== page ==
1st £1000, 2nd £700, 3rd £400. 17 further prizes of £100 will be presented to the writers whose stories appear on the shortlist. All 20 shortlisted writers will have their stories published in the Bristol Short Story Prize Anthology Volume 11.
And here is our amazing judging panel: Kate Johnson (literary agent at Mackenzie Wolf), Lucy Cowie (editor and former literary agent), Roshi Fernando (writer), and Polly Ho-Yen (writer)
Full details and rules are available at www.bristolprize.co.uk
Launched as part of the nationwide Get Creative Festival. We are looking for entries with a maximum of 300 words (excluding title). The competition is open to anyone over 18.
Judge: David Gaffney
Closing date: 31st May 2018
£5 per Flash Fiction.
- The winning Flash Fiction will receive £150.
- The top Eight Flash Fictions will be published online on The Casket of Fictional Delights
- The top Four Flash Fictions will be professionally recorded and broadcast in a special audio podcast on iTunes, SoundCloud, TuneIn and Stitcher, promoted by The Casket of Fictional Delights.
Judge David Gaffney has the following advice –
“I do not expect to understand it at first. I expect to be a little confused. I hope to be a little confused. I will expect to have to read it again, and maybe again after that. And the feeling I want to have after finishing it is a feeling that I have understood something I didn’t understand before but I still don’t really know what it is.”
Good Luck Everyone
The hour-long Stratford Words radio programme has announced a free-to-enter SHORT STORY COMPETITION for residents of Warwickshire and Coventry. The title of the comp is A Certain Age, but it’s up to you what that age is and how you interpret it. Closing date is Sunday 20th May, max 3000 words, free to enter, fifty quid prize, (FIFTY QUID!!), twenty and ten pound book tokens for the runner-ups, publication in The Love Hope & Peace Journal – and – you get to read your story live on air on July 1st, in lovely Stratford upon Avon, during the River Festival. Click the link above to download your entry form, so that you can fill it out and send it off along with your fabulous short story to those lovely people at Stratford Words on Welcombe Radio. Email only folks, we can’t do paper as we haven’t got a letter box.
The deadline is fast approaching for our biennial Poetry & Short fiction competition
We hope you’re thinking of entering because we love to read your entries – and it’s also a massive help to the magazine because all money raised goes back into production (after we’ve paid the prizes and the main judges’ fees, of course).
As always, if you’re a subscriber you get your 2nd entry for FREE (you can even take out a new subscription today and get your 2nd entry free), but for the first time ever if you become a Brittle Star Patron you get your first entry for FREE. Visit our Patreon page to find out how you can become a Patron for as little as £1 a month, giving you access to the lovely rewards and treats that we give our Patrons as a special thanks for supporting us.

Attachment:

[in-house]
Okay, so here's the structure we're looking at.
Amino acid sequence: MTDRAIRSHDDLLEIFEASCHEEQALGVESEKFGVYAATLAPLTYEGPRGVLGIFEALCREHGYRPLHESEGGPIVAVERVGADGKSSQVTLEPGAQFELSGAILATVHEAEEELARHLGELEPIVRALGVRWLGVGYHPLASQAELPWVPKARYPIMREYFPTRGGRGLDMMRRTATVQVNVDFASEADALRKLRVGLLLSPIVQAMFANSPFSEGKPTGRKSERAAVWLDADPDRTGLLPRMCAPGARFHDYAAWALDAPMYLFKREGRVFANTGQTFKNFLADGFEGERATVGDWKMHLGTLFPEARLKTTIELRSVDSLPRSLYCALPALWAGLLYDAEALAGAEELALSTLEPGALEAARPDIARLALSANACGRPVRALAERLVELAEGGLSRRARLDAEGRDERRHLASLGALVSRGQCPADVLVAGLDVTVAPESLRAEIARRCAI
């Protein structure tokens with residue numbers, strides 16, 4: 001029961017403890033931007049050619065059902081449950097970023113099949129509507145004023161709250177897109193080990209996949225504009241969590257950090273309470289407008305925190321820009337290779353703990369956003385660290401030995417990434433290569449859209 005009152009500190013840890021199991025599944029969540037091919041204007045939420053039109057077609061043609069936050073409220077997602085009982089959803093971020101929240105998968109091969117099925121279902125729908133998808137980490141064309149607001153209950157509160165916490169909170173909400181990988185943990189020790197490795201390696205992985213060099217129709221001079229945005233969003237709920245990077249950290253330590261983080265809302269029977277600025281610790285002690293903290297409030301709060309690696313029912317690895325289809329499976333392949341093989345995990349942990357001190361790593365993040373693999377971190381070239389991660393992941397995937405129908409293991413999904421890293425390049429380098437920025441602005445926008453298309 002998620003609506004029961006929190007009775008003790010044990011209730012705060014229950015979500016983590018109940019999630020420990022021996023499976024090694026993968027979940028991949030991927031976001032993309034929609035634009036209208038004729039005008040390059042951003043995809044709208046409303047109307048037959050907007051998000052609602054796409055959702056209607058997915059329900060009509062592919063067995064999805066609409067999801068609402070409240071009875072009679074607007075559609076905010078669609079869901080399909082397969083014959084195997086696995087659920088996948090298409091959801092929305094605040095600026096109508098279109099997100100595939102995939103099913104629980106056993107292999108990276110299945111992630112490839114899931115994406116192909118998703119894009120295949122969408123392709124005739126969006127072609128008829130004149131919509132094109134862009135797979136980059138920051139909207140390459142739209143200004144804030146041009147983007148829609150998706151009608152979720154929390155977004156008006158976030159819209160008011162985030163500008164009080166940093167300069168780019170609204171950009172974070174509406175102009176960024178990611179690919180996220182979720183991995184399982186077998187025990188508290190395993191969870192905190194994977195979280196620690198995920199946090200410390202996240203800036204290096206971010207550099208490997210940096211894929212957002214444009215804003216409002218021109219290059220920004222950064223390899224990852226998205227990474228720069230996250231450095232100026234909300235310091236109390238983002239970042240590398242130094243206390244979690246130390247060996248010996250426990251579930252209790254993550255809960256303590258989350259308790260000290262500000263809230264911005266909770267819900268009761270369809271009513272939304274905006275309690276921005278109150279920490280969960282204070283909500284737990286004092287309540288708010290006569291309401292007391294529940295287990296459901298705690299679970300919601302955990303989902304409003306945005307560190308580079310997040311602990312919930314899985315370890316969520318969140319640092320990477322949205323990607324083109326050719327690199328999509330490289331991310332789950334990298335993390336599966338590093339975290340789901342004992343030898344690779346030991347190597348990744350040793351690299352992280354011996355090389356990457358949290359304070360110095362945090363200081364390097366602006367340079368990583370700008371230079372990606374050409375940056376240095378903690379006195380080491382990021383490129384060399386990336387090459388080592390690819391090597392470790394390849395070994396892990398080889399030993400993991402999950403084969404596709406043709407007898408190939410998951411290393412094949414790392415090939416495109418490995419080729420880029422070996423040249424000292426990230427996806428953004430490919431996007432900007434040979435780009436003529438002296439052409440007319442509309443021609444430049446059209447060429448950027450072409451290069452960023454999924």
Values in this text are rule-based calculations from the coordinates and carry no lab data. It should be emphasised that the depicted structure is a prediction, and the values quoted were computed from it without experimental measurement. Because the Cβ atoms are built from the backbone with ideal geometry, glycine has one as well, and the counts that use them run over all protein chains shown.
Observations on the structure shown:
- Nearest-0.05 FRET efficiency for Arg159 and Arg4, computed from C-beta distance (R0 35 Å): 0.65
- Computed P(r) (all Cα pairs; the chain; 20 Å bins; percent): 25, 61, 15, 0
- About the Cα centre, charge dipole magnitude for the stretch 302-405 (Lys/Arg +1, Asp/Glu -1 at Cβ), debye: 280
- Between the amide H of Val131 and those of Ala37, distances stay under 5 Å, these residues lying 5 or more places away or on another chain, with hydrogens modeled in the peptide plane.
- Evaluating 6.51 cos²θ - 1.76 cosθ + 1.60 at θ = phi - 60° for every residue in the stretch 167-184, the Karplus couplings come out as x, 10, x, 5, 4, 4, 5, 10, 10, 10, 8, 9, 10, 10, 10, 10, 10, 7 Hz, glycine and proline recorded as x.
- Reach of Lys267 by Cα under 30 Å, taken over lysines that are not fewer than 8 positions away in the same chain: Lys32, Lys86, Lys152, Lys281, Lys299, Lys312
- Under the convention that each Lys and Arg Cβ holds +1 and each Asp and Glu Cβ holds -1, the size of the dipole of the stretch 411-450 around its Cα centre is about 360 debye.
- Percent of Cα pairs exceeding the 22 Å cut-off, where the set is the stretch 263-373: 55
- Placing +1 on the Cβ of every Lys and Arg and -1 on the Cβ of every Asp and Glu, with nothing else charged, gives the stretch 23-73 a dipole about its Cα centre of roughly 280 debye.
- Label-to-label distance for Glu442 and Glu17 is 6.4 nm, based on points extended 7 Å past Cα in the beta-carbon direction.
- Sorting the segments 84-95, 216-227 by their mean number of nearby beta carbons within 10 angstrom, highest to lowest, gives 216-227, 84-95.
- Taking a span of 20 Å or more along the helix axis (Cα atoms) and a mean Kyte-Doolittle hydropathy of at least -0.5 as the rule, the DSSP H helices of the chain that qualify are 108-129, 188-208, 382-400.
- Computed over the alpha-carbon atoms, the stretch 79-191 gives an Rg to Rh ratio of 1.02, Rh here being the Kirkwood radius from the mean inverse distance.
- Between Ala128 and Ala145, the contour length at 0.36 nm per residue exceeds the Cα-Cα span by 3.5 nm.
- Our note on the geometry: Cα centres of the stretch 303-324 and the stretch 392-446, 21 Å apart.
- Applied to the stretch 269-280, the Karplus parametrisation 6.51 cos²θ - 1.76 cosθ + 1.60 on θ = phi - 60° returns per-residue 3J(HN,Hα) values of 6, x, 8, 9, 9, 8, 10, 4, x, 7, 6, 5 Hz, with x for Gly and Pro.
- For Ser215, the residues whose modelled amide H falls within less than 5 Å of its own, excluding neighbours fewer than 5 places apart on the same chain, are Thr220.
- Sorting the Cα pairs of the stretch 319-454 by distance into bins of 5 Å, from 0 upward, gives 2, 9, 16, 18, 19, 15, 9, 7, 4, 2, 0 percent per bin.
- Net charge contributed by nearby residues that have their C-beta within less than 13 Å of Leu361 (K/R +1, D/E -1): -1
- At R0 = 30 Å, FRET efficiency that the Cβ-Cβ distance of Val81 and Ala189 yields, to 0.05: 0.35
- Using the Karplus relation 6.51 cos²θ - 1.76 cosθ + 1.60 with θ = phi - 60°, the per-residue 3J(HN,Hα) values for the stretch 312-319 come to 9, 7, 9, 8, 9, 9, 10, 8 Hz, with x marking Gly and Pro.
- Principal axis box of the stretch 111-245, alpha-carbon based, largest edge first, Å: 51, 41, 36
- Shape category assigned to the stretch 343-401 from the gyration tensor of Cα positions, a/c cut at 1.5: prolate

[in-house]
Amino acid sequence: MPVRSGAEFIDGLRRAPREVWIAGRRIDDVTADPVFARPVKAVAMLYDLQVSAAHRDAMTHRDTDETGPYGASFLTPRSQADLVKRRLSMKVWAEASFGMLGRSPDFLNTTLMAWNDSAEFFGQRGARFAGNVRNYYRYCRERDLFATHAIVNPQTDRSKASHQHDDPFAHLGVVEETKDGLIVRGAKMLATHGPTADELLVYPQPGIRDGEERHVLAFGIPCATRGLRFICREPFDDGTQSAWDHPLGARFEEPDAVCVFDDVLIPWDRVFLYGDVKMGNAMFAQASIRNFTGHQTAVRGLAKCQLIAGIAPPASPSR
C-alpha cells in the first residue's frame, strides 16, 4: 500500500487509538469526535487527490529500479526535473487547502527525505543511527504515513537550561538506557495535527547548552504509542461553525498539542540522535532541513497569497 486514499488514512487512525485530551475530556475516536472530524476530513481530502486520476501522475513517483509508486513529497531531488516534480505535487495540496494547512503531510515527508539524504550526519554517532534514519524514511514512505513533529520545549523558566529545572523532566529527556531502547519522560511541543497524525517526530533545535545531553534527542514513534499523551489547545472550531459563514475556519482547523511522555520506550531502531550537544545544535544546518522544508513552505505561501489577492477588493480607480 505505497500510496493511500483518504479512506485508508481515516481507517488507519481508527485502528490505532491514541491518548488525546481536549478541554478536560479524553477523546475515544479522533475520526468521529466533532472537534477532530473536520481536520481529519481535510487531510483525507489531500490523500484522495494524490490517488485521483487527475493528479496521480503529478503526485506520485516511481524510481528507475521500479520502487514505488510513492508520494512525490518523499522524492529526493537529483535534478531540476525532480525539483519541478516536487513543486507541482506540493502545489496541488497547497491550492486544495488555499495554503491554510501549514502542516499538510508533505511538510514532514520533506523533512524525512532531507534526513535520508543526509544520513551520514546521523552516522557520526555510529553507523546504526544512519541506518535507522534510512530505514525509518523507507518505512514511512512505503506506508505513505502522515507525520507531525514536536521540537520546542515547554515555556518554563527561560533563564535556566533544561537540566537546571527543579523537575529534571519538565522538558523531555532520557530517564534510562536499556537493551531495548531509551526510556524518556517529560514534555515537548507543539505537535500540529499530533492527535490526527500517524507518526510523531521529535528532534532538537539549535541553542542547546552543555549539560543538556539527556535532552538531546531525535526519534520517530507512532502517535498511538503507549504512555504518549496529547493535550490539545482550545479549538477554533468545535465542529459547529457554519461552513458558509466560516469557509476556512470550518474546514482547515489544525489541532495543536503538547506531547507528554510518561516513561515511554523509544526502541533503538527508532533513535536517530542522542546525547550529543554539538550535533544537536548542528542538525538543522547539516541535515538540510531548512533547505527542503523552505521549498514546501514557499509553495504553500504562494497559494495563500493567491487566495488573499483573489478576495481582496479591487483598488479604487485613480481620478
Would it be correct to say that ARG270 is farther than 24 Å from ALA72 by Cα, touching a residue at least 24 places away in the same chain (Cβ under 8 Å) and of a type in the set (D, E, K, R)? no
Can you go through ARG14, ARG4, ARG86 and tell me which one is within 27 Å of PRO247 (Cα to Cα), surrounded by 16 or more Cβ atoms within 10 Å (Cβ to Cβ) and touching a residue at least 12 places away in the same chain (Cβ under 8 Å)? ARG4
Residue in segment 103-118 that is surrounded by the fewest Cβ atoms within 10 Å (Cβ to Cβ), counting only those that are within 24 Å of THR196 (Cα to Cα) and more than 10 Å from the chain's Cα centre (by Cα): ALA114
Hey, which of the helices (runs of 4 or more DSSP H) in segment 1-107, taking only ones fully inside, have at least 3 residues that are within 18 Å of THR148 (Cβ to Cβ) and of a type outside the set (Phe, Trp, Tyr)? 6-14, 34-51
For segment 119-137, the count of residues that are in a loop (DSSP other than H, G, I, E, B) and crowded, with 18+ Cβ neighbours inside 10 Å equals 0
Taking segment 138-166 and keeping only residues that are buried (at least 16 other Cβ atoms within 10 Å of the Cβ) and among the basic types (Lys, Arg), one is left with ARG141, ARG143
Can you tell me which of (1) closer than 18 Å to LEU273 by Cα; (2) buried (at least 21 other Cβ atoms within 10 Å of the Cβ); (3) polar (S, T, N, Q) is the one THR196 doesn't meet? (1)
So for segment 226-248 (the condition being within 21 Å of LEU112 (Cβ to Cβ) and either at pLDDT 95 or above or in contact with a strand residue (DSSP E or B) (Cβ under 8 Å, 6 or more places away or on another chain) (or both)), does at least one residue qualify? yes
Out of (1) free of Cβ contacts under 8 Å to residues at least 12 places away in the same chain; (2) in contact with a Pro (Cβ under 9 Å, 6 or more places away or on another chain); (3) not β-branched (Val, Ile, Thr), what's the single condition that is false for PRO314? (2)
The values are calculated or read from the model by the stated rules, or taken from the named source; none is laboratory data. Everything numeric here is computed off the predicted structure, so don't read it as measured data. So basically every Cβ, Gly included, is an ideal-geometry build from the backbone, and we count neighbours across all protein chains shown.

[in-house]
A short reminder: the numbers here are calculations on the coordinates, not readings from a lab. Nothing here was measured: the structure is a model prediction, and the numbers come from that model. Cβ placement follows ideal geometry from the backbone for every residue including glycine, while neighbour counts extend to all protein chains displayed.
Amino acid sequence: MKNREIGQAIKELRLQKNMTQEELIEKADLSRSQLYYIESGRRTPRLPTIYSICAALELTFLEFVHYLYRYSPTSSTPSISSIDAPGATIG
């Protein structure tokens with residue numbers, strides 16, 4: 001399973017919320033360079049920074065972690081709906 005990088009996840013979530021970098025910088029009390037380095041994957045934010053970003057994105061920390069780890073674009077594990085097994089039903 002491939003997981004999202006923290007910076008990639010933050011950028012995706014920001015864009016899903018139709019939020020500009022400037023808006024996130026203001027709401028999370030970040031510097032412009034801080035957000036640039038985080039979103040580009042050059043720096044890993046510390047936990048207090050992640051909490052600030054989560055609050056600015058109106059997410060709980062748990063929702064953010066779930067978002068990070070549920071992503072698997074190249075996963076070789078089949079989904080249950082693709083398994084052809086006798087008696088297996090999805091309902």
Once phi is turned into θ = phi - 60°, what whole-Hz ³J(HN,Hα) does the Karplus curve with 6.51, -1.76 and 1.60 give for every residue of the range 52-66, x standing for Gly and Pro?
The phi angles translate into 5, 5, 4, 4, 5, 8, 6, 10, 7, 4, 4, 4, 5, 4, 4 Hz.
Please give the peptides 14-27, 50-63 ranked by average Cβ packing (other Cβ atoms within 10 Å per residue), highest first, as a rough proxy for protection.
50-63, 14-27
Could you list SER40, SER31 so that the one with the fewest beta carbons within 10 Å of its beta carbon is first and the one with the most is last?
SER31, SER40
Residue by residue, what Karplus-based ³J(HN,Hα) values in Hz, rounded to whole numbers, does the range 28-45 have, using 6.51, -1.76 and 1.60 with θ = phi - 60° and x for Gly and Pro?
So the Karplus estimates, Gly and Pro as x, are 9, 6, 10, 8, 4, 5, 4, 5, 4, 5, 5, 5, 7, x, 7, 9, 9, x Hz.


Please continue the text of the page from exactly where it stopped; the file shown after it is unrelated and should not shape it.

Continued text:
The normal cost of entry is only £5 for the 1st entry then £3.50 for any following entries – which is really good value anyway, but not as good as free!
The deadline for the competition is 14th March. The first prize in each category is £250, plus publication in the magazine, a subscription for you to keep for yourself or give to a friend, and an invitation to read at our launch and Prize-Giving at the Barbican Centre Library in London.
The judges this year are the brilliant Pascale Petit and Nicholas Royle (and our own Jacqueline Gabbitas). Pascale is an award winning poet, 4-times shortlisted for the TS Eliot Prize. Her most recent collection, Mama Amazonica (Bloodaxe, 2017), was a Poetry Book Society Choice. Nicholas is a novelist and short story writer. His most recent collection is Ornithology (Confingo, 2017). He is well known as the series editor of Best British Short Stories (Salt).
To find out more about the competition, including the rules and T&Cs, and to enter click on the big bright orange link HERE!
Words and Women are excited to announce the winners of their 2017/2018 national and regional new writing competition.
Kerry Hood’s intriguing and ambitious short story, The Sunbathers, wins the national prize for women over 40, £1,000 and a month-long writing retreat at Church Cottage, Stratford-Upon-Avon, generously sponsored by Hosking Houses Trust.
Margaret Meyer has been awarded the East of England regional prize of £600 and a mentoring session with Gold Dust for her entry, The Once and Only First Lady Judge.
Guest judges, Emily Midorikawa and Emma Claire Sweeney were drawn to Hood’s voice which ‘felt original and full of verve,’ as well as the ‘thematically complex’ nature of the story
Kerry Hood is no stranger to competitions. She has been shortlisted for the Bridport Prize five times, as well as broadcasting stories on BBC Radio 4. She is an accomplished theatre writer with work produced at the Soho Theatre, and her play Meeting Myself Coming Back was selected as the Sunday Times Critics’ Choice. She has had residences at the National Theatre, Traverse and RADA.